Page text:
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Validating in vitro feed trials

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An in vitro modelling device that simulates the digestive system of a salmon, allowing researchers to assess the digestibility of feed ingredients without as many costly feed trials, has been validated by the results of two recent studies.

by Senior editor, The Fish Site
Rob Fletcher thumbnail
The team behind SalmoSim: Raminta Kaslauskaite, Joseph Humble and Martin Llewelyn

© SalmoSim

SalmoSim, which has been developed by researchers at the University of Glasgow, replicates the conditions inside the digestive tract of an Atlantic salmon. The device has been developed to allow companies to assess the impact of various feed ingredients without the expense of using live fish. While it may not be perfect, it can enable companies to perform pre-screening of ingredients prior to launching full-scale feed trials – thereby saving both time and money.

The makers of the model have just signed their first commercial contract with Calysta, manufacturer of Feedkind, an animal-free protein source for use in aquaculture, to support their research and development.

“Feed trials can cost over £100,000 each to run. So it’s important to ensure that the ingredients being used are viable options. By running a range of ingredients through our SalmoSim in vitro gut model, we can swiftly assess which are the most promising,” explains Raminta Kaslauskaite, who helped to develop the device and has recently written up a number of successful trials involving it.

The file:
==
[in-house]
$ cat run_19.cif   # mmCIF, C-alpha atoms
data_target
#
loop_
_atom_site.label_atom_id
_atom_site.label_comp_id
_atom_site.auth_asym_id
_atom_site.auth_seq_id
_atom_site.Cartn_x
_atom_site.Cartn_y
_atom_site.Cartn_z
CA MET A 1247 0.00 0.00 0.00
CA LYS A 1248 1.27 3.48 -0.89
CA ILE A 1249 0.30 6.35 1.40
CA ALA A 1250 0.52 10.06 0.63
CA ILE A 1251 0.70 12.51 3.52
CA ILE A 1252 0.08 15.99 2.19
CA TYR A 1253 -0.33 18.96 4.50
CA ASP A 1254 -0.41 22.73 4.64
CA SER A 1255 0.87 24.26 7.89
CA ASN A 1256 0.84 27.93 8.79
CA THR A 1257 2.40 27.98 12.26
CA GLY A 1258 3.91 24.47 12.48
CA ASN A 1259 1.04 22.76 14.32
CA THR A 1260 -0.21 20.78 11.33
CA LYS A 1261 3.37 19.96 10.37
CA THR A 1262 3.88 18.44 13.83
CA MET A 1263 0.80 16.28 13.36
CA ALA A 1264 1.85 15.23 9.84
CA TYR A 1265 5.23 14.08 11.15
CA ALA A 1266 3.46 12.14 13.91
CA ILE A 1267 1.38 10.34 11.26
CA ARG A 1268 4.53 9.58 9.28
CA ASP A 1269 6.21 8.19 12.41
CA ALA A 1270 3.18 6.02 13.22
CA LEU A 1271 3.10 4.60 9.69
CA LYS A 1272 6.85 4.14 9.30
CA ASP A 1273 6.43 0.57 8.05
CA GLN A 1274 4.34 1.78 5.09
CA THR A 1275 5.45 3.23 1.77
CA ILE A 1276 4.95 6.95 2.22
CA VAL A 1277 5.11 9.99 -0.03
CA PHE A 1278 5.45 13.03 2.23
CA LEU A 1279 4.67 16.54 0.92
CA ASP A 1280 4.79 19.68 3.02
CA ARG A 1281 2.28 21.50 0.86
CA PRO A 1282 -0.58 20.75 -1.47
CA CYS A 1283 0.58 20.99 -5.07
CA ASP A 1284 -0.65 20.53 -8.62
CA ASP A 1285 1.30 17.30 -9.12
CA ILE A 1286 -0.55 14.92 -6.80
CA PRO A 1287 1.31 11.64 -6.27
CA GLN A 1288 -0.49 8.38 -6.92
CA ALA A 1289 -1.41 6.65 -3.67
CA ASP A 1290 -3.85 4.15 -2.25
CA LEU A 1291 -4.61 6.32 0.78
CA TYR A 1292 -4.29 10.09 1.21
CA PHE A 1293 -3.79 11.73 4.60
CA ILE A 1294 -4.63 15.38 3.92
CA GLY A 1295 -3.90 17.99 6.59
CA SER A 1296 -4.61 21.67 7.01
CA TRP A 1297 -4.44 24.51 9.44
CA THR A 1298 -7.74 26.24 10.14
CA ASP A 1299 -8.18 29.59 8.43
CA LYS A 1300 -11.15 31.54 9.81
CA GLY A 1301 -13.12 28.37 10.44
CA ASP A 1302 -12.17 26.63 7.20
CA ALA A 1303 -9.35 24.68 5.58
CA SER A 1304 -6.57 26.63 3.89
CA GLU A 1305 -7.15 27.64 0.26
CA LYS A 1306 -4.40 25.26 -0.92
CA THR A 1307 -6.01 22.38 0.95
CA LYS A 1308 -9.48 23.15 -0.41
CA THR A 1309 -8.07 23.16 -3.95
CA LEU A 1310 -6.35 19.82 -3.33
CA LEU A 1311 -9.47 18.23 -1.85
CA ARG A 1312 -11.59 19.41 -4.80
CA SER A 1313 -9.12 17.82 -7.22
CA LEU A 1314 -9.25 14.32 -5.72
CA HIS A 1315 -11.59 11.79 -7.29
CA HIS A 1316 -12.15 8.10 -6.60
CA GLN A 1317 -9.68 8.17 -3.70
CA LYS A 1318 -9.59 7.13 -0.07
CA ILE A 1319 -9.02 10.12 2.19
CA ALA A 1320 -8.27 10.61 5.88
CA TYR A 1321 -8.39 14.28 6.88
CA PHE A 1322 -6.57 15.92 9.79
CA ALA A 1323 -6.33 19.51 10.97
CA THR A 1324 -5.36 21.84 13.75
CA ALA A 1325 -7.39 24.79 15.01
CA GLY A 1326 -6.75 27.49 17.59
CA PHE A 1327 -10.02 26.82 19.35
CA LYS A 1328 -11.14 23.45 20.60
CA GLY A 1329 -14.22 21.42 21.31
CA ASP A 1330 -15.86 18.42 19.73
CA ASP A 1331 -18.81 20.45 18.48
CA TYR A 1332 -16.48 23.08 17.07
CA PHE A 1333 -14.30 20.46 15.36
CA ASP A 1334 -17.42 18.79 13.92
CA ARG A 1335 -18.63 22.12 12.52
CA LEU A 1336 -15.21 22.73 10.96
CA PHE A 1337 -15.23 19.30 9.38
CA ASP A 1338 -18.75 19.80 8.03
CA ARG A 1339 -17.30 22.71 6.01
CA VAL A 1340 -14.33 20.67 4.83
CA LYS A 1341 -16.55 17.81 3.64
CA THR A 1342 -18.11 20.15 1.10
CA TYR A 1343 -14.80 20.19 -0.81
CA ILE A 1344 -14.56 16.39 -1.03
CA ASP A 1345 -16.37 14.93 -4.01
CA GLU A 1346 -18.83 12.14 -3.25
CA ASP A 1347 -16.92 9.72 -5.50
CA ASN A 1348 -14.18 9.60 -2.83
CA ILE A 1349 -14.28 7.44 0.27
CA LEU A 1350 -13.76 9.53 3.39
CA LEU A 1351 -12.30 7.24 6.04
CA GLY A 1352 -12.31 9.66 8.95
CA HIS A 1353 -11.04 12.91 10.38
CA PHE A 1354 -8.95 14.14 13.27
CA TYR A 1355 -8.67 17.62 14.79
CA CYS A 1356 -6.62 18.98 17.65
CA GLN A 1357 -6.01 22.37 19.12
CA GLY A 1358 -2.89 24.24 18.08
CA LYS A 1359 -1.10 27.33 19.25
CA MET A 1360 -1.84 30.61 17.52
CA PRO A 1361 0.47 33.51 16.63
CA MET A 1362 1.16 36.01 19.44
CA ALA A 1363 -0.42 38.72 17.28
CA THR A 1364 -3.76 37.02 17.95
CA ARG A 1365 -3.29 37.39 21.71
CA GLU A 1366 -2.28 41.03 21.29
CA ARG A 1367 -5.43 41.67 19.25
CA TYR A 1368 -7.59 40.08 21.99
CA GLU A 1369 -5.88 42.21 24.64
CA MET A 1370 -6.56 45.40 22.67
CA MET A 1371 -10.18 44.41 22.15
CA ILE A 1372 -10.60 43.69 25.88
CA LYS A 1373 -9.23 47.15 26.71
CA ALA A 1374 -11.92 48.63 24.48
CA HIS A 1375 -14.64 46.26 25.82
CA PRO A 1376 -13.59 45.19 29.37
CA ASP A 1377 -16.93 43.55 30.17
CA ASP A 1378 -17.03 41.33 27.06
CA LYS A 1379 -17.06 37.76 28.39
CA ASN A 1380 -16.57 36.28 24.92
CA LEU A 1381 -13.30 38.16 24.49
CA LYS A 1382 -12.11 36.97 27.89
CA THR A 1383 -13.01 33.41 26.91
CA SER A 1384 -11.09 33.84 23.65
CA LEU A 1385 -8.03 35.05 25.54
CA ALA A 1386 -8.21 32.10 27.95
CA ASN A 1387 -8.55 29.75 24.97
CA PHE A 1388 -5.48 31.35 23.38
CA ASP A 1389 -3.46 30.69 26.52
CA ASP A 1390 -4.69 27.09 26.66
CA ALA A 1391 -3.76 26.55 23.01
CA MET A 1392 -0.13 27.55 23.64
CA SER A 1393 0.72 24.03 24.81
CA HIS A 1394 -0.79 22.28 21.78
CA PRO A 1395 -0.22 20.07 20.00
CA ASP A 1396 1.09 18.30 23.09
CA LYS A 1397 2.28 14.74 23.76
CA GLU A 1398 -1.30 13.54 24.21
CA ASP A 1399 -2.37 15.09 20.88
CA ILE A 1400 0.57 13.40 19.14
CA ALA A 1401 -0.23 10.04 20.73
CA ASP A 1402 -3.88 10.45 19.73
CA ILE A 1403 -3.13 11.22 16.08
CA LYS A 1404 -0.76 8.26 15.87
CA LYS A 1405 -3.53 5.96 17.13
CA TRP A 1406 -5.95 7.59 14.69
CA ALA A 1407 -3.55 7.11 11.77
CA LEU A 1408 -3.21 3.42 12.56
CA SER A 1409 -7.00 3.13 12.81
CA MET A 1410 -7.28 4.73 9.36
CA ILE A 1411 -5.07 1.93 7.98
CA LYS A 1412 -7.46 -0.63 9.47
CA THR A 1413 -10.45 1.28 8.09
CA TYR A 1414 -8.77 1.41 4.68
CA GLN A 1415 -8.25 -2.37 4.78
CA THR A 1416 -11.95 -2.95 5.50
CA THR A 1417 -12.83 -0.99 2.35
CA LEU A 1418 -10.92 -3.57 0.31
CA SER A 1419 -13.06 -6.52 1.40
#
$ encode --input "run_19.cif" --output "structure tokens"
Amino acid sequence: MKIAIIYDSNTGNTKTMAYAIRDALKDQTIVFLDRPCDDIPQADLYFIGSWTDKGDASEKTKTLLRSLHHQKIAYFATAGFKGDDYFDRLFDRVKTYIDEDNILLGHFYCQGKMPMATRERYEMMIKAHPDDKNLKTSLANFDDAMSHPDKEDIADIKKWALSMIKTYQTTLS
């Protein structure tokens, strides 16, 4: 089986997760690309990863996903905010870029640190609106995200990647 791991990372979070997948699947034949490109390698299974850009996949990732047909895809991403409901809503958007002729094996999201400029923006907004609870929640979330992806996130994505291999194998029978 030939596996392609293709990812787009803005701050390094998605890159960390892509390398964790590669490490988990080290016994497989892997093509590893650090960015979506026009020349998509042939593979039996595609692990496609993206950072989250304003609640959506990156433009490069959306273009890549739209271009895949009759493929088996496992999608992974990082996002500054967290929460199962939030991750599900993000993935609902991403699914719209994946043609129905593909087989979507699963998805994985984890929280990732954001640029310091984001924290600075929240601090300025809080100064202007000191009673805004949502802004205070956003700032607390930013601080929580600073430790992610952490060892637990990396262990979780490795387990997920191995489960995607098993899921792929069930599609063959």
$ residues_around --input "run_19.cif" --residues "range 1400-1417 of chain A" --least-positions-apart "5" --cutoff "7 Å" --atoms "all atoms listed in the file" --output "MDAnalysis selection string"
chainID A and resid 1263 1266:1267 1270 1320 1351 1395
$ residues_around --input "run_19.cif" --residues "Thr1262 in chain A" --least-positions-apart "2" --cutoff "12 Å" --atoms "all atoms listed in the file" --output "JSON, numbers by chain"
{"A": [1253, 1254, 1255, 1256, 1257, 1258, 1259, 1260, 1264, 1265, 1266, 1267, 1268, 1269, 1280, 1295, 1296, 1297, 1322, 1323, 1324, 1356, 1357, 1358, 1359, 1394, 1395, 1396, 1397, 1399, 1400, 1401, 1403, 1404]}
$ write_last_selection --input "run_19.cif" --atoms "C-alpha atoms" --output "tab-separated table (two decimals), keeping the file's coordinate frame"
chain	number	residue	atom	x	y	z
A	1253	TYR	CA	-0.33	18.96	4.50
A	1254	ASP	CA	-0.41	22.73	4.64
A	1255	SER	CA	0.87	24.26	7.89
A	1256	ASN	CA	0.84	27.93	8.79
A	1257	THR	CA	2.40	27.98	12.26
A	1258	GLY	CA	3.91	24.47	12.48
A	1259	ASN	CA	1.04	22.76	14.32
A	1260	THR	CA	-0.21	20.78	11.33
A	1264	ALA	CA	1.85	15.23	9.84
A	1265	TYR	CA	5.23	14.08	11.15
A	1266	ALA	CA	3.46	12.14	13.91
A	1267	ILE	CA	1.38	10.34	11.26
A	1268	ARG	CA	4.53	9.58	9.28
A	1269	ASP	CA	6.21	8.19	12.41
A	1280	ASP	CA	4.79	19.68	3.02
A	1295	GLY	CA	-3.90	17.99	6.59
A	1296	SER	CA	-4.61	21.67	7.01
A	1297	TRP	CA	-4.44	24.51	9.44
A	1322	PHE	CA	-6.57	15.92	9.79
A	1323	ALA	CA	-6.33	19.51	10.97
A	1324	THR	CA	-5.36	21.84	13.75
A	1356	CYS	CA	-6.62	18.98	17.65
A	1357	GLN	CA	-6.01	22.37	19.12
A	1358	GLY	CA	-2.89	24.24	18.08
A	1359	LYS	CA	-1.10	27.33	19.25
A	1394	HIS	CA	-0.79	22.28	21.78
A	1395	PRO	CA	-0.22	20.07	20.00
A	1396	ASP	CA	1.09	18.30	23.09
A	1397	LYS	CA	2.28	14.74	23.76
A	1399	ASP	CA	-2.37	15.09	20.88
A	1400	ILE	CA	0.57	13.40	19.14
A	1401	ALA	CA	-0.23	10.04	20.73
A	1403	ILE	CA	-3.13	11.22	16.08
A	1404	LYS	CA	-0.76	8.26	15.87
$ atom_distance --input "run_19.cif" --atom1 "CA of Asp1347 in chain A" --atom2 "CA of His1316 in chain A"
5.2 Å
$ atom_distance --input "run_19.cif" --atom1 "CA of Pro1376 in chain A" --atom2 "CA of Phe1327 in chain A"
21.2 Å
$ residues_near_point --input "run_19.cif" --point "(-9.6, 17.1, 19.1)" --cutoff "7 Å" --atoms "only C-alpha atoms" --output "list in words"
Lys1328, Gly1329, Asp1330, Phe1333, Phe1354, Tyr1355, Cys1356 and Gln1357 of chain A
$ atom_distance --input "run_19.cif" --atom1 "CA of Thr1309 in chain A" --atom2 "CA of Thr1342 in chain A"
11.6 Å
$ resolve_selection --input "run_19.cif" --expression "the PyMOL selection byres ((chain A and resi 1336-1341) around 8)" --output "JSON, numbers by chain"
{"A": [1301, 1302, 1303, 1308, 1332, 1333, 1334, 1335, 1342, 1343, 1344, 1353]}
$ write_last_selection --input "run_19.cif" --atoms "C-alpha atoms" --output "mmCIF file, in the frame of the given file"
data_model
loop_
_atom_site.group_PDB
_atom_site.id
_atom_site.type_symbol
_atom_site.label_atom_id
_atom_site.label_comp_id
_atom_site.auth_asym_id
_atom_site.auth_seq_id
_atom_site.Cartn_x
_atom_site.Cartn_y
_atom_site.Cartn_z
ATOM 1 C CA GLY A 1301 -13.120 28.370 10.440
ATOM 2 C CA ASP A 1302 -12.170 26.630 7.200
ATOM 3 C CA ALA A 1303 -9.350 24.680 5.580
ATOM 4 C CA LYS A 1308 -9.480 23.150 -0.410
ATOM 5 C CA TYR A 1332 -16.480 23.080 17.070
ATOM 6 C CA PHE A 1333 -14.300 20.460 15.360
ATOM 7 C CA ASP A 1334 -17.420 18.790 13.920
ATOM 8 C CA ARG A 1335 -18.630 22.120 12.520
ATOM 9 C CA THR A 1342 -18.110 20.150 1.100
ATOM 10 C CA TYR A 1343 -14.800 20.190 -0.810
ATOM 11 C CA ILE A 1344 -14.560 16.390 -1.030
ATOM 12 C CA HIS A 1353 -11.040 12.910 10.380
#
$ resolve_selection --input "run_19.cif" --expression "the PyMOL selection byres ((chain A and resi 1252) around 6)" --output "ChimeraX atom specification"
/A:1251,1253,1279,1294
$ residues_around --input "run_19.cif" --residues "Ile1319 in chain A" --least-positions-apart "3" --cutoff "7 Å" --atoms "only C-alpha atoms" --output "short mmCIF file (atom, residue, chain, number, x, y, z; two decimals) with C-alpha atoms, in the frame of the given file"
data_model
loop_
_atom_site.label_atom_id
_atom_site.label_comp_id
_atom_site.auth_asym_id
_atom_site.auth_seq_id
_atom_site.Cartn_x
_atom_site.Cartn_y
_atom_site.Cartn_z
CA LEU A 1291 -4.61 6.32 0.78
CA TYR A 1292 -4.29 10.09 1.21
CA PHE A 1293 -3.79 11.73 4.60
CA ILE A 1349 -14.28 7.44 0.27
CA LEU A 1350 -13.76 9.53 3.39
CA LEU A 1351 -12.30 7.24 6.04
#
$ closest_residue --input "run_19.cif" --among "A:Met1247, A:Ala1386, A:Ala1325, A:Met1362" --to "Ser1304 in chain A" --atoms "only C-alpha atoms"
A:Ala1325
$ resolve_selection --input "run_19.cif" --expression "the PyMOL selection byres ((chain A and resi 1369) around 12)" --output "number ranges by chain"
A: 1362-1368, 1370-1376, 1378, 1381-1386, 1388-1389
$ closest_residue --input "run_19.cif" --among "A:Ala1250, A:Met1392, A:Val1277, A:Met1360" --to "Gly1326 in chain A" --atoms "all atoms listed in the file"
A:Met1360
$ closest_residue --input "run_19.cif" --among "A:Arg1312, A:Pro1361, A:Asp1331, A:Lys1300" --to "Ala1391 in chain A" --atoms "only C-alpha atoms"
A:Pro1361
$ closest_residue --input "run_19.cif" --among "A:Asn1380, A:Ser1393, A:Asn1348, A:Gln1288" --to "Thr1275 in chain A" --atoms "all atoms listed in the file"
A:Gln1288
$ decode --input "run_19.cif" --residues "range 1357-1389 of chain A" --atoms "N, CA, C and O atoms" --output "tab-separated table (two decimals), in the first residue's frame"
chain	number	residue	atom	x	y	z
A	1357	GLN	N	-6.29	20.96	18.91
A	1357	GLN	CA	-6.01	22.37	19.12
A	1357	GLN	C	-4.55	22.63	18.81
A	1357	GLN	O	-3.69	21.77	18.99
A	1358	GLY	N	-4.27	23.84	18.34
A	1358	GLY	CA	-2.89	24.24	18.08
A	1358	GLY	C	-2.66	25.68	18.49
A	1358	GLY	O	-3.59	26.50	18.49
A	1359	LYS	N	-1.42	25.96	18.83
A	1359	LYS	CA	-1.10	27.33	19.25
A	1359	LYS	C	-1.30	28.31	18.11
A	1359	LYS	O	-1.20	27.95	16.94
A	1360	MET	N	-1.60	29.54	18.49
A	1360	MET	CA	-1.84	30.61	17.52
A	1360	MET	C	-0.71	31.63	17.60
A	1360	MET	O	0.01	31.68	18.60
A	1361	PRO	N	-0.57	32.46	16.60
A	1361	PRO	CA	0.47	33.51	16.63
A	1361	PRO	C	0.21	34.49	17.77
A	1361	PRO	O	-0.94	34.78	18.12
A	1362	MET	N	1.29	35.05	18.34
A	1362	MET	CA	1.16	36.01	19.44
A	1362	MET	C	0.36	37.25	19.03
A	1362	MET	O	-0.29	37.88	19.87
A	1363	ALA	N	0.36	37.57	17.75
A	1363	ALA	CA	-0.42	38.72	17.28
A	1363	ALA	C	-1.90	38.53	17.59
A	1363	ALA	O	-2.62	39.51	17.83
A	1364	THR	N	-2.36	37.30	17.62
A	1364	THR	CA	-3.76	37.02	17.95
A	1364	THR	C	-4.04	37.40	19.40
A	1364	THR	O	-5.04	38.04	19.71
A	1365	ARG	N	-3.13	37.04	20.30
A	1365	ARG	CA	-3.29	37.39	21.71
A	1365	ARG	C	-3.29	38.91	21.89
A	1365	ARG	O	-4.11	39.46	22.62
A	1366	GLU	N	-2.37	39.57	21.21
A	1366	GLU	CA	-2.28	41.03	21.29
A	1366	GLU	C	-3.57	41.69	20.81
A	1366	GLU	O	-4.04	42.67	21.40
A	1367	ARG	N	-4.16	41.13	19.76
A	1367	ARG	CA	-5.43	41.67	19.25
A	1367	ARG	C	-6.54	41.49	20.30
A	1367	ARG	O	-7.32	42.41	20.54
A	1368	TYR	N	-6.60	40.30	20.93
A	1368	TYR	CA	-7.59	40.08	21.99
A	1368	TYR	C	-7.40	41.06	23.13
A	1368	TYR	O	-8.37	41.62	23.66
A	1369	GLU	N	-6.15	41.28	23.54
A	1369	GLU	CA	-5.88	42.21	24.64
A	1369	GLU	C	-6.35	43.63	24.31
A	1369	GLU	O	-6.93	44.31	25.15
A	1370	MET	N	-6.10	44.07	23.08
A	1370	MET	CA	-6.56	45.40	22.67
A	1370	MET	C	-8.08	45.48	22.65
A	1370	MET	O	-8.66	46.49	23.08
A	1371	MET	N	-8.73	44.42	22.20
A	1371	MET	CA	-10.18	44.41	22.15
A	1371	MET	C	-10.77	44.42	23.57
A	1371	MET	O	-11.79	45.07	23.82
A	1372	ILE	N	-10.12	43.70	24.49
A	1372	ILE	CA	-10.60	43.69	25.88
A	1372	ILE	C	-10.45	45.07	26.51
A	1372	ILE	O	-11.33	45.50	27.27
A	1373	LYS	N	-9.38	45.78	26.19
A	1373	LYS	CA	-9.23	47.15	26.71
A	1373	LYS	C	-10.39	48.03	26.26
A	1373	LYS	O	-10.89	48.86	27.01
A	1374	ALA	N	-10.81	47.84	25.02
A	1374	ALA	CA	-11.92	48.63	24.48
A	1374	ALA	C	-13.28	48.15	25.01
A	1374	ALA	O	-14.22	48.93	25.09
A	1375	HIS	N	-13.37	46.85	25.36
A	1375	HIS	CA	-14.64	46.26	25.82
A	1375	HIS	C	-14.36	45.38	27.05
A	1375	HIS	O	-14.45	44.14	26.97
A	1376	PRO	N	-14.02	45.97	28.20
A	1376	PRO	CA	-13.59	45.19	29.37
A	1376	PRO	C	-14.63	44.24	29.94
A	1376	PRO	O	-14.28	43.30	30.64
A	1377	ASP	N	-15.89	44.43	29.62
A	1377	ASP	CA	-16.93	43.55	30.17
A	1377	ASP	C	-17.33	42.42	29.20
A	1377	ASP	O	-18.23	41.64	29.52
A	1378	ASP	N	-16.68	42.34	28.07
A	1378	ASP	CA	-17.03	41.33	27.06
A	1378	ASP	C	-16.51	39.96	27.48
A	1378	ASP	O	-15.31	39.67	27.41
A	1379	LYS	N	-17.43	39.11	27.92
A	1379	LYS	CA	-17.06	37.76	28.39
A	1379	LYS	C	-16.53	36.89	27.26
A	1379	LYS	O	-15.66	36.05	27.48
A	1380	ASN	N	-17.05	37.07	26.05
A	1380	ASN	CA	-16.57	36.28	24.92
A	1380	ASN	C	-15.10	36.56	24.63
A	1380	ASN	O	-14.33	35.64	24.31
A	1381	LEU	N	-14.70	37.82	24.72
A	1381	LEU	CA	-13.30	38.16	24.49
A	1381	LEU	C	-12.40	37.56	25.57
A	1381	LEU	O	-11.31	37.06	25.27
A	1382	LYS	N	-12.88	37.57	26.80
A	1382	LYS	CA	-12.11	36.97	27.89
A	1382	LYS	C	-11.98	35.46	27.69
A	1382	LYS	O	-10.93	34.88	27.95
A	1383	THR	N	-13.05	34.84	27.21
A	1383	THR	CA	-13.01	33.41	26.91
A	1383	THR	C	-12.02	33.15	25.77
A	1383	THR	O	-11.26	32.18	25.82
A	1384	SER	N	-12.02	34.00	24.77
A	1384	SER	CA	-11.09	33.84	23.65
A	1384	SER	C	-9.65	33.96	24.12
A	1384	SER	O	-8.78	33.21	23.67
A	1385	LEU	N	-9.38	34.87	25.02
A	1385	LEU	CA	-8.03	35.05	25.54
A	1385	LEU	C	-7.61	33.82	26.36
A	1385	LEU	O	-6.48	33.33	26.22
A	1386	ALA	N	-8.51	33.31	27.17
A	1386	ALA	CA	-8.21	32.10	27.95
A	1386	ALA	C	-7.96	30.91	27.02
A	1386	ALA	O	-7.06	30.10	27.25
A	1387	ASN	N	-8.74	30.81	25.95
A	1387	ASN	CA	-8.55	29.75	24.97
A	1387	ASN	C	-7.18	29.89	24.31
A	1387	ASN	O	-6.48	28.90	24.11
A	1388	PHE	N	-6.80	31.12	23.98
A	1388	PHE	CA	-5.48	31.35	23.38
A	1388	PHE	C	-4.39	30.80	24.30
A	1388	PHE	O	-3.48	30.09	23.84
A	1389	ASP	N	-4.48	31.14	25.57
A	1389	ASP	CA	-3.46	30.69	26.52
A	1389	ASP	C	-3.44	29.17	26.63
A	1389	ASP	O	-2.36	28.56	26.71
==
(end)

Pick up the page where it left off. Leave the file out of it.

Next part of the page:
Comparison with live salmon

The first trial involved comparing how two diets – one containing fishmeal and one without – affected the bacterial communities both within live salmon and in SalmoSim.

“Real salmon and SalmoSim responded similarly to the introduction of the novel feed, with most taxa of microbes (96 percent of the microbes in the salmon and 97 percent of the microbes in SalmoSim) unaffected, while a subset of taxa was affected non-identically across both systems. This shows that SalmoSim is a valid in vitro gut system that can be used as a tool for the improvement of salmon nutrition,” says Kaslauskaite.


The second trials involved using SalmoSim to assess the impact of mannose-oligosaccharide (MOS) pre-biotics – which are currently widely deployed in animal agriculture as immunomodulators as well as to enhance growth and gut health.

A prebiotic called Bio-MOS is being considered for use as growth promotor in salmonid aquaculture. However, before a full-scale in vivo trial was conducted, Kaslauskaite, modified SalmoSim to evaluate the impact of the prebiotic on host microbial communities.

In biological triplicate, microbial communities were stabilised in SalmoSim followed by 20-day exposure to the pre-biotic, then an eight-day wash-out period.

The results suggested that MOS could indeed have an effective prebiotic impact, resulting in a significant increase in formate (p=0.001), propionate (p=0.037) and isovalerate (p=0.024) levels, correlated with increased abundances of several principally anaerobic microbial genera (Fusobacteria, Agarivorans, Pseudoalteromonas, Myroides). They also help to further validate SalmoSim as a means of assessing microbiome modulators.

“In conjunction with previous in vivo studies linking enhanced VFA production alongside MOS supplementation to host growth and performance, our data suggest that Bio-MOS may be of value in salmonid production. Furthermore, our data highlight the potential role of in vitro gut models to augment in vivo trials of microbiome modulators,” Kaslauskaite concludes.

What's next?

As well as supporting studies that explore the impact of different feed ingredients, pre- and probiotics on the gut microbiota, the SalmoSim team have now modified their device to deliver rapid-turn-around, low-cost information on digestibility.